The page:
Rakas v. Illinois Case Brief

Why is the case important?

Passengers in a car attempted to suppress shotgun shells found in the car.

Facts of the case


Whether standing can be established in the absence of ownership of the property seized.


No. Despite the petitioners’ arguments, the Court did not accept the target theory, and reaffirmed Jones v. United States. The petitioners had no standing. The Court further distinguished from Jones in that the petitioners did no have a legally sufficient interest in a place other than his own home. The petitioners could not legitimately expect privacy in the areas which were the subject of the search and seizure each sought to contest.


The Supreme Court of the United States held that petitioners were not entitled to challenge the search as violative of the Fourth Amendment, since the search did not violate any of their rights. The Court averred that the appropriate measure of rights was no longer guided solely by whether petitioners were legitimately on the premises that the police searched. Without holding that a property interest was required, the Court decided that U.S. Const. amend. IV protected only those places in which petitioners themselves had a reasonable expectation of privacy. Using this analysis, the Court found that petitioners’ rights were not violated where they had no legitimate expectation of privacy in areas of a car in which they claimed no property or possessory interest.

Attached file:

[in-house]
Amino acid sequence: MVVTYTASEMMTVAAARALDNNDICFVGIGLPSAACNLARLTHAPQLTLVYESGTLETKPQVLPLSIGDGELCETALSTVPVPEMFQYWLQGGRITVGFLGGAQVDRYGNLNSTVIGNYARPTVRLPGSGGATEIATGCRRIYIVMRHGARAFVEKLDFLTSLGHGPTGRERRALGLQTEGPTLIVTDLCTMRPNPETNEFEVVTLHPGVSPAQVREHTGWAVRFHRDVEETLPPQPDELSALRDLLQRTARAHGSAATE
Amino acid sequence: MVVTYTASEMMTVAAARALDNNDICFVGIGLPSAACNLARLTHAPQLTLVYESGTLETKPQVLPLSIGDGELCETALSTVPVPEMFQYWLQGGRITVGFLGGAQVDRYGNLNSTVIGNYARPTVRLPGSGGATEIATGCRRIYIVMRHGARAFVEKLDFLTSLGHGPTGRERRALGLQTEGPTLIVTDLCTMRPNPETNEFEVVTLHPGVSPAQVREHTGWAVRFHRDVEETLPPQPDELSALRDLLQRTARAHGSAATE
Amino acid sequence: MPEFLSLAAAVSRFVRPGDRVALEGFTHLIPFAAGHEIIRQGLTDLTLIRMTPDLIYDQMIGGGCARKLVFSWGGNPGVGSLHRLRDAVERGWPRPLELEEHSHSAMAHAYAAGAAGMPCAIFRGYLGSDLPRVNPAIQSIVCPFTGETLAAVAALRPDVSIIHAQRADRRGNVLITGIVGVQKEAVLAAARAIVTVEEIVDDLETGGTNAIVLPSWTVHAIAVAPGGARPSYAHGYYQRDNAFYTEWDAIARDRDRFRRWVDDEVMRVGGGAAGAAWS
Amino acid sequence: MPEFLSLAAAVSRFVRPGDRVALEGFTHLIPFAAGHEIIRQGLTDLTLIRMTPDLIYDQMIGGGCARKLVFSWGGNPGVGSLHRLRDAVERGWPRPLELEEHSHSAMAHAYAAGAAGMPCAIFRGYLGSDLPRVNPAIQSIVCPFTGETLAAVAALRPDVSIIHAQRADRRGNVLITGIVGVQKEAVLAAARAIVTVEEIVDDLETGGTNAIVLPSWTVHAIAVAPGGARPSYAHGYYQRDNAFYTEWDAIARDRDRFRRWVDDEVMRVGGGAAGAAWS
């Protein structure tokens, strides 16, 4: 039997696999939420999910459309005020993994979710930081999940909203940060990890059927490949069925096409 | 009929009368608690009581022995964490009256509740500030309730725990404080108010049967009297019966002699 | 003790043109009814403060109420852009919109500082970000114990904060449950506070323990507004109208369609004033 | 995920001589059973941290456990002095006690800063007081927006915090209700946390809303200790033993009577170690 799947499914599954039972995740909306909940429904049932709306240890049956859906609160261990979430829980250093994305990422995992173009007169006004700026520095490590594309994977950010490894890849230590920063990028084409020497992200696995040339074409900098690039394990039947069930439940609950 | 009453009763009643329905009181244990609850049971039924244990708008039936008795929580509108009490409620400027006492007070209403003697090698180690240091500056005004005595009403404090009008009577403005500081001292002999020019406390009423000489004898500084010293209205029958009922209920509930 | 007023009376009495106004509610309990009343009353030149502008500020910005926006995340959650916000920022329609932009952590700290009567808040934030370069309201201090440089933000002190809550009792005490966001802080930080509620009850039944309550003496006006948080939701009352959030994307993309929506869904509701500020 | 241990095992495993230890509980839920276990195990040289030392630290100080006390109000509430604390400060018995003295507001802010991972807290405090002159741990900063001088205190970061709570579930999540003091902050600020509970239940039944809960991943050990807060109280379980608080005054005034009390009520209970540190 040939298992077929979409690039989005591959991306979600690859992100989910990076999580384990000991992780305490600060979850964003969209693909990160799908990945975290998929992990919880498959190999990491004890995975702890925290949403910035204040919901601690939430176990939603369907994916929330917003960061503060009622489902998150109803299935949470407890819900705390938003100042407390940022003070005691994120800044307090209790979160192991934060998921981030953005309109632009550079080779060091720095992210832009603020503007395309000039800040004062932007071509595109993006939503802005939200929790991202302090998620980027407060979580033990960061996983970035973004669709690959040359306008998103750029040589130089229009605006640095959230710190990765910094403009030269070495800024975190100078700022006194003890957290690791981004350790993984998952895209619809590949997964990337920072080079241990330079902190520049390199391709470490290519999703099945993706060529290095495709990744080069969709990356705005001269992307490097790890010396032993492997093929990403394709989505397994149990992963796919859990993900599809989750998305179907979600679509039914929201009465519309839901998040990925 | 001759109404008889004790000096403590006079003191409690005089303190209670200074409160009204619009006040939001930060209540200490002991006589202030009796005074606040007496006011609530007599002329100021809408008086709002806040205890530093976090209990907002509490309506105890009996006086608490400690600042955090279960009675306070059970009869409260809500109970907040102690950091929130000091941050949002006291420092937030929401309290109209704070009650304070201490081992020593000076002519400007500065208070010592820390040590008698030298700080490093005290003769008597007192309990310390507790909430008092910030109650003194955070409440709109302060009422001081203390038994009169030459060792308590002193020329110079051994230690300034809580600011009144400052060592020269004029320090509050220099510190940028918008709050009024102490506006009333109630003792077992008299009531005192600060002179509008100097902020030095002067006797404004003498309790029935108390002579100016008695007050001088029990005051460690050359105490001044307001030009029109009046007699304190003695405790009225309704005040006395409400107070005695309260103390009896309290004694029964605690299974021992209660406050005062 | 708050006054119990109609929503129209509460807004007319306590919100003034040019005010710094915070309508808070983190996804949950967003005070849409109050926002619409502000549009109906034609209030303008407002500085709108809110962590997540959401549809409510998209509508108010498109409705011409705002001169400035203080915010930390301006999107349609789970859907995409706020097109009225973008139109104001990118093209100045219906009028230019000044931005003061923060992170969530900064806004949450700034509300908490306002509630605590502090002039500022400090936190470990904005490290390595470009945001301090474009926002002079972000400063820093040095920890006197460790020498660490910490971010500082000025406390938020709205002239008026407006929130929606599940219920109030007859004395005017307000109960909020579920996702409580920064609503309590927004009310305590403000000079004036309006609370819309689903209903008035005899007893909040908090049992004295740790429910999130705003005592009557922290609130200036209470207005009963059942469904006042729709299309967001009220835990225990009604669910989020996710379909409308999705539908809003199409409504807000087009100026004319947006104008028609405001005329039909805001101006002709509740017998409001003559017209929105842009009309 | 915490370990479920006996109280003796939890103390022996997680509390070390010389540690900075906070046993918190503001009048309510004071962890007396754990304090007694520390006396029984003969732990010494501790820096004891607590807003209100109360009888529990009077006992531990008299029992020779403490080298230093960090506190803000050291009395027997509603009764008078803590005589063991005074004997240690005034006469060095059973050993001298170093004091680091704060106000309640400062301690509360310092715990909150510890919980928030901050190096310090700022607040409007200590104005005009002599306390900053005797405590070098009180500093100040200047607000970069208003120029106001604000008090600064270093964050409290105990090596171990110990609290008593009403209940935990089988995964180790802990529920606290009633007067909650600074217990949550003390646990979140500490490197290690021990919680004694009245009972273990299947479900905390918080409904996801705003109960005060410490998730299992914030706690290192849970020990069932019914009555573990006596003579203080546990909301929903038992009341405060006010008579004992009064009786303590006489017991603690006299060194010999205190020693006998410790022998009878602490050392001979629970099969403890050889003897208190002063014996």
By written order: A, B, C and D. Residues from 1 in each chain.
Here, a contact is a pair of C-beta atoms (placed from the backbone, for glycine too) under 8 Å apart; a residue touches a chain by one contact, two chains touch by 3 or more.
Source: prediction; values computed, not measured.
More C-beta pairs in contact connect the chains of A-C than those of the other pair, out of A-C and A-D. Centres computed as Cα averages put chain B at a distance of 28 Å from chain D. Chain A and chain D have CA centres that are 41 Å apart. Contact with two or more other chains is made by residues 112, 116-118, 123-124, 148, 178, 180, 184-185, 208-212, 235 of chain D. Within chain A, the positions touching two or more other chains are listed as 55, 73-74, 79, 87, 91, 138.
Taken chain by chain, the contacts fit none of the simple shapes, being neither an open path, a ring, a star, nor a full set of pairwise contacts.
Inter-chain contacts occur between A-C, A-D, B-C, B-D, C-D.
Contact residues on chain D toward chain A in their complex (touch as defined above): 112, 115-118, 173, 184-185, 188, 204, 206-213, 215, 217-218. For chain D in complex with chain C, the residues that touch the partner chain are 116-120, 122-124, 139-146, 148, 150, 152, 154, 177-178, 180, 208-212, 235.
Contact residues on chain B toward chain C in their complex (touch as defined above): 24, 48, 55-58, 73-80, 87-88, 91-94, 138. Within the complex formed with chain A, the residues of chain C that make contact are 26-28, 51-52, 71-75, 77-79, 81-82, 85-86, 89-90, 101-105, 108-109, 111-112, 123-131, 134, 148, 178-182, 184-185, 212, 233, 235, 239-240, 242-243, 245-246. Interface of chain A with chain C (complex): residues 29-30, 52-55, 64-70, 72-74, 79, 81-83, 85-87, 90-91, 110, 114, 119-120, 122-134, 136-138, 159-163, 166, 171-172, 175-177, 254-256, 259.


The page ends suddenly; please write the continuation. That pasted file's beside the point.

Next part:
• Case Brief: 1978
  • Petitioner: Rakas
  • Respondent: Illinois
  • Decided by: Burger Court

Citation: 439 US 128 (1978)
Argued: Oct 3, 1978
Decided: Dec 5, 1978